It's lovely to see Daniel Bye on stage having met him at D&D and been persuaded by him to join twitter. There is an awkwardness, a sort of gawkiness, to his performance that I really like. Some of the material comparing attitudes to the arts and the NHS feels a bit repetitive, some of the satire feels unnecessarily emphatic. And as someone quietly grateful to Thatcher for ending perhaps the greatest misery of primary school, the necessity of drinking too-warm milk lumpy with cream each day, I have mixed feelings about the gimmick at the heart of the show, in which Dan pours out a third of a pint of milk for every member of the audience – the equivalent in price of an adult's weekly contribution through taxes to the arts. Love it as multilayered protest, regretful that I actually have to drink it. (Not to would be a waste: I don't do waste. Thank goodness it's homogenised.)
Being a gullible fool, I believe every word of Dan's outlandish stories about selling preposterous stuff on ebay: the air guitar played in Bill and Ted's Excellent Adventure; an invisible friend. Does everyone else? I'm not sure if the piece quite works if they don't. It works for me, because in the second half of the show, when Dan spins a lengthy tale that starts with a few small acts of kindness, most of which go unappreciated or are viewed with disdain, and ends with the establishment of a free milk bar in the centre of Nottingham (maybe: I have no memory for place names other than London) (sorry), I want to believe it all but can't. So when Dan excoriates us for finding it easier to credit that people would behave like idiots than with generosity and humanity towards others, I feel horribly chastened.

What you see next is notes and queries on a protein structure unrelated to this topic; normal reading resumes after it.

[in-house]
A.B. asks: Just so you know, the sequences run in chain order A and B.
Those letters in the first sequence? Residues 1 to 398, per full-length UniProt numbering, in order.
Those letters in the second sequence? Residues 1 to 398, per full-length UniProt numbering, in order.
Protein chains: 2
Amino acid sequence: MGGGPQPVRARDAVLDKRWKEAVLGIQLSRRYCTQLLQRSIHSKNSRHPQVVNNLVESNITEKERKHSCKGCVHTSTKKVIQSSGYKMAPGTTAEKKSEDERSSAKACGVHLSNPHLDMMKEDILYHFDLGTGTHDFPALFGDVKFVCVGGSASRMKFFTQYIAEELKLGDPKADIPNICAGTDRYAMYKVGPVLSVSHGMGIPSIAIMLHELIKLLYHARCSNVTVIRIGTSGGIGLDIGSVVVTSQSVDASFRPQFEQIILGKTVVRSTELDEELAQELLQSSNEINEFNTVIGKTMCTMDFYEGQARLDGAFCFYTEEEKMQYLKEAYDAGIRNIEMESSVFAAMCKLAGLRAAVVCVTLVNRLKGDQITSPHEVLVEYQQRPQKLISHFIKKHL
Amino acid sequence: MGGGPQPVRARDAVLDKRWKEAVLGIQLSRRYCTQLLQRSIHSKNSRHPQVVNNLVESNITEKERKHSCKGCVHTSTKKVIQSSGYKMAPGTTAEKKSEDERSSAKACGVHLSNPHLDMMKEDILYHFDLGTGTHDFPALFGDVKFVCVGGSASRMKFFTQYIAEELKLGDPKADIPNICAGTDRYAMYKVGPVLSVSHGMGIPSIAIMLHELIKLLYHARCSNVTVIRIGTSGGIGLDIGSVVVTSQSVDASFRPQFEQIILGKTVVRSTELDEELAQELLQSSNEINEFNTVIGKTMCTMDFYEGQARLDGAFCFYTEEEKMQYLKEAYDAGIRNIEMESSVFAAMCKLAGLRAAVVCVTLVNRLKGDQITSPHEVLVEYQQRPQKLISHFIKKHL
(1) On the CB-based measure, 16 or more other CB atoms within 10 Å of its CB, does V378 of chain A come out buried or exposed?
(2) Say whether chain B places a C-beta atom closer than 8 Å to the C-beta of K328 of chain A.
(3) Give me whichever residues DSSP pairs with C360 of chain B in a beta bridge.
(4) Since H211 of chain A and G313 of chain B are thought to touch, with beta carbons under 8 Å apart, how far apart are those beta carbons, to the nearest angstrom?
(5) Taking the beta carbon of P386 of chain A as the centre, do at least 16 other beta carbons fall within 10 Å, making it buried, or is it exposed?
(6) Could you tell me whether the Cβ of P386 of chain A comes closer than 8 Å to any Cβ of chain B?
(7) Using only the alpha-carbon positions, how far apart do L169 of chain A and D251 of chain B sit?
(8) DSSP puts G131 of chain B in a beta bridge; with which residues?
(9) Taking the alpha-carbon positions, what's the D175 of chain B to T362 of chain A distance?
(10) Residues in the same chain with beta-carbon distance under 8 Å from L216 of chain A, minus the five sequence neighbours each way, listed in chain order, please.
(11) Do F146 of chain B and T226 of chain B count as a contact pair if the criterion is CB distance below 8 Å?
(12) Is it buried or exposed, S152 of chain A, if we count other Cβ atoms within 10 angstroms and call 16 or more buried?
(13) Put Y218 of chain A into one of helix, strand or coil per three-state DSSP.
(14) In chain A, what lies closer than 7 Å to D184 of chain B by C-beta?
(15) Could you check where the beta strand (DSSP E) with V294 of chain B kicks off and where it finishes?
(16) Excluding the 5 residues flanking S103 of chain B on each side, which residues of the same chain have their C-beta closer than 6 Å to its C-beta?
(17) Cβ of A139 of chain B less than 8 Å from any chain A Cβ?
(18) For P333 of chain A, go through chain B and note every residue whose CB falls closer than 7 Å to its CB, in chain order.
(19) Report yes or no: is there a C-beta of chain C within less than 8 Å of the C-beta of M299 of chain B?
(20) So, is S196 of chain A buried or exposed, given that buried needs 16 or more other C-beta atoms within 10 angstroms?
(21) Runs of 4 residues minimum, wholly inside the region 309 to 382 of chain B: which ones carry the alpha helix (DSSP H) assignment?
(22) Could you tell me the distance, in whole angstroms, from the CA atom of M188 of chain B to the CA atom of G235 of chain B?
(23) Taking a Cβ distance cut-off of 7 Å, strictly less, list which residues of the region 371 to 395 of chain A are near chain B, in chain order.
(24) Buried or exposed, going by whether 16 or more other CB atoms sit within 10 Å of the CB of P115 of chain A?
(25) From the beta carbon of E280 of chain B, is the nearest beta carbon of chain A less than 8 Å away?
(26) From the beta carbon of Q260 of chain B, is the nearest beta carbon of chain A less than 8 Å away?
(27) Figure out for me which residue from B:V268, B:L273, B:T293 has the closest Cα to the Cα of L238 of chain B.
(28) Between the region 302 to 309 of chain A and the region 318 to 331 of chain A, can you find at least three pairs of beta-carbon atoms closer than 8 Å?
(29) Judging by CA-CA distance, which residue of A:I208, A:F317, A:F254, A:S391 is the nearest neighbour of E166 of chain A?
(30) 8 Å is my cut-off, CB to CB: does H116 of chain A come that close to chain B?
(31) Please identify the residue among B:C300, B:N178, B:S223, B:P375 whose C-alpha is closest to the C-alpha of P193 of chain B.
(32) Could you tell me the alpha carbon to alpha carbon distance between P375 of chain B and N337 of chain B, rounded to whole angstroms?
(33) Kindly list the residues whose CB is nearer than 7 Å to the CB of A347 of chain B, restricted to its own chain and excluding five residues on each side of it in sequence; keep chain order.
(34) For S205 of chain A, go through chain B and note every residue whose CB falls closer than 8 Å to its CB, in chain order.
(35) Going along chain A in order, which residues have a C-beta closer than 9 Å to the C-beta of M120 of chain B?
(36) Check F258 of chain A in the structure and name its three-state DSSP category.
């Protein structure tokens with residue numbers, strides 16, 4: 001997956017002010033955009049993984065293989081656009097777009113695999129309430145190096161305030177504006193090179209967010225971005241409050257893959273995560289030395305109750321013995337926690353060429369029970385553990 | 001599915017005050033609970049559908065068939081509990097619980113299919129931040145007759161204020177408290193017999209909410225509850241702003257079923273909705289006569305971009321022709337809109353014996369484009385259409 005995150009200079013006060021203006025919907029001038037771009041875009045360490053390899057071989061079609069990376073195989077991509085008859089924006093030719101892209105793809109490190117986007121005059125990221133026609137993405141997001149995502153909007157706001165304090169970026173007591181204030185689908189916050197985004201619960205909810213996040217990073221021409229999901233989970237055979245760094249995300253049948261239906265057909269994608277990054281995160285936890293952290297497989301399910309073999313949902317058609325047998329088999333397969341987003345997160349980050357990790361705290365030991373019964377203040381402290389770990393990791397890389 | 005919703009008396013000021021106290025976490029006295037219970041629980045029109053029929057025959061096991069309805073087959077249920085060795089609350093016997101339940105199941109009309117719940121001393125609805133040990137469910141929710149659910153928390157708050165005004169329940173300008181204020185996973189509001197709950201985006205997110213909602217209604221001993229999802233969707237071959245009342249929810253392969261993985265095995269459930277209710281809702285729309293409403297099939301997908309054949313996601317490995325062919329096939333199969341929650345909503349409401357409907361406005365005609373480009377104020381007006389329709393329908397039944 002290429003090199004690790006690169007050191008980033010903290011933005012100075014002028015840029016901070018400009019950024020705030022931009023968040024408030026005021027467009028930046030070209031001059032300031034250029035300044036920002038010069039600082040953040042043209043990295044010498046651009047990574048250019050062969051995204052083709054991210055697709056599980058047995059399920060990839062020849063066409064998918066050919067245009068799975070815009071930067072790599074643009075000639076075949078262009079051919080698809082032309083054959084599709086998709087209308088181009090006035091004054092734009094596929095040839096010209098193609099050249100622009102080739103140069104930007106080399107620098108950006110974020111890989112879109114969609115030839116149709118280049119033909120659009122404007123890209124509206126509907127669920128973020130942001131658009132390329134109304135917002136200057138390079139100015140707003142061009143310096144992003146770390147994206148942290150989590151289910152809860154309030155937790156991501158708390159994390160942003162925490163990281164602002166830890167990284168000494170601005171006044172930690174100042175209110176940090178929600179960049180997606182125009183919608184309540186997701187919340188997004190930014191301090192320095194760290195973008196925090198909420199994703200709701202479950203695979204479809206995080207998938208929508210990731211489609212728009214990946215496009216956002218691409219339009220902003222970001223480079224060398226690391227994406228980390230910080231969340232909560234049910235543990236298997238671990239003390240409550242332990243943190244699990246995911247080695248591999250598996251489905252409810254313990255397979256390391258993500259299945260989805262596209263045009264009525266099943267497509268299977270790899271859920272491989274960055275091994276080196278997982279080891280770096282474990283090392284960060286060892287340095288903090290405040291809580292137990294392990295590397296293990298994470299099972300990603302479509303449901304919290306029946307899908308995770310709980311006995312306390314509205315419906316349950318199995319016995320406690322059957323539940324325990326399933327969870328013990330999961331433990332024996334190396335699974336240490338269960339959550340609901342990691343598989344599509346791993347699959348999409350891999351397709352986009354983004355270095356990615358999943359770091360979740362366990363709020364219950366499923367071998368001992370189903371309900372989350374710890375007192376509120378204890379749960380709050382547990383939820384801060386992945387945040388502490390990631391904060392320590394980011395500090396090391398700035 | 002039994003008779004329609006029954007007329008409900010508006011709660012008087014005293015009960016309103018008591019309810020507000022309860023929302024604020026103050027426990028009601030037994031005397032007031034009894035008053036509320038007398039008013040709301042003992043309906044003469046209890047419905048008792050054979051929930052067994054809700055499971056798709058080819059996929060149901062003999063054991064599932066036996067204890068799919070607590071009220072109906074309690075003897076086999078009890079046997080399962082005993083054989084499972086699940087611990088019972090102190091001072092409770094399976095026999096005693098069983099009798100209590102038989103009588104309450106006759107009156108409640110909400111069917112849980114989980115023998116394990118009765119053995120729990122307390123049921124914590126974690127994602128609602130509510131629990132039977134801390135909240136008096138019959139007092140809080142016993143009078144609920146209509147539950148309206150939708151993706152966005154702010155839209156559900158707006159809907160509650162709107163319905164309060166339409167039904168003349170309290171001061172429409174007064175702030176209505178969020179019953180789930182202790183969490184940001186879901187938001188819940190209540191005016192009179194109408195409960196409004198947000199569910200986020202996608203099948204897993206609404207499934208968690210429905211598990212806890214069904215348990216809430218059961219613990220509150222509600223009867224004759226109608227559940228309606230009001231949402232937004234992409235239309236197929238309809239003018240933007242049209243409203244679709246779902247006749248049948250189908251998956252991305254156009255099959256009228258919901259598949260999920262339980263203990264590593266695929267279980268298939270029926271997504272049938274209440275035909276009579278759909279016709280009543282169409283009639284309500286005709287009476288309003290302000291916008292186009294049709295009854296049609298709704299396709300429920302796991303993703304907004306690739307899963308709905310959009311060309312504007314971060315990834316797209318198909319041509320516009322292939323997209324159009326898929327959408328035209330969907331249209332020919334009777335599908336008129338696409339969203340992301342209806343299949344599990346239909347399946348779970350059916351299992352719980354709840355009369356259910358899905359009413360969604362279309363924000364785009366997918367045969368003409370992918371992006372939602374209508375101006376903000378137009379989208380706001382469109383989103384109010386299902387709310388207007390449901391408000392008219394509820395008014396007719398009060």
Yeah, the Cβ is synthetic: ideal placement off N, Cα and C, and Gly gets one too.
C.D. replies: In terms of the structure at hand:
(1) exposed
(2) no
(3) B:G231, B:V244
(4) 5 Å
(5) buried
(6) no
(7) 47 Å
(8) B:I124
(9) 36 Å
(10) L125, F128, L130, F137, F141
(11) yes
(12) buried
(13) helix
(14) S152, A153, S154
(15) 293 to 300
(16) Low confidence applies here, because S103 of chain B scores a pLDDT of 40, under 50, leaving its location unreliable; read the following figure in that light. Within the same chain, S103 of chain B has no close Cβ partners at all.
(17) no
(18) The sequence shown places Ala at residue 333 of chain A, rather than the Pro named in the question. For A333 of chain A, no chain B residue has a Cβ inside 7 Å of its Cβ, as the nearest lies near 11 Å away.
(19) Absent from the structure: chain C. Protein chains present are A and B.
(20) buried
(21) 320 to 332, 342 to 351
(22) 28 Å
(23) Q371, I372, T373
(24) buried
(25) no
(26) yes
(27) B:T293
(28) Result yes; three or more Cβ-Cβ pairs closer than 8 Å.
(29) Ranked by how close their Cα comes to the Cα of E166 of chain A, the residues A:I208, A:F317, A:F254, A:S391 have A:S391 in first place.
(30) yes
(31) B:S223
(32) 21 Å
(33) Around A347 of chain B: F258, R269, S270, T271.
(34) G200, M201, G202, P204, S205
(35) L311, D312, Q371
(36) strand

12.45pm A lovely, conspiratorial conversation with Chris Goode, about Monkey Bars and other shows we've been seeing and reviews we've read and the end of Project 9. Walking away, I remember for the umpteenth time watching him on stage a decade ago and thinking he was the best thing ever. It is still astonishing to me that that magical person is part of my life.
1pm A homeless woman sits huddled outside Starbucks. Two people are giving her coffee, talking to her. I wonder if they've seen The Price of Everything too.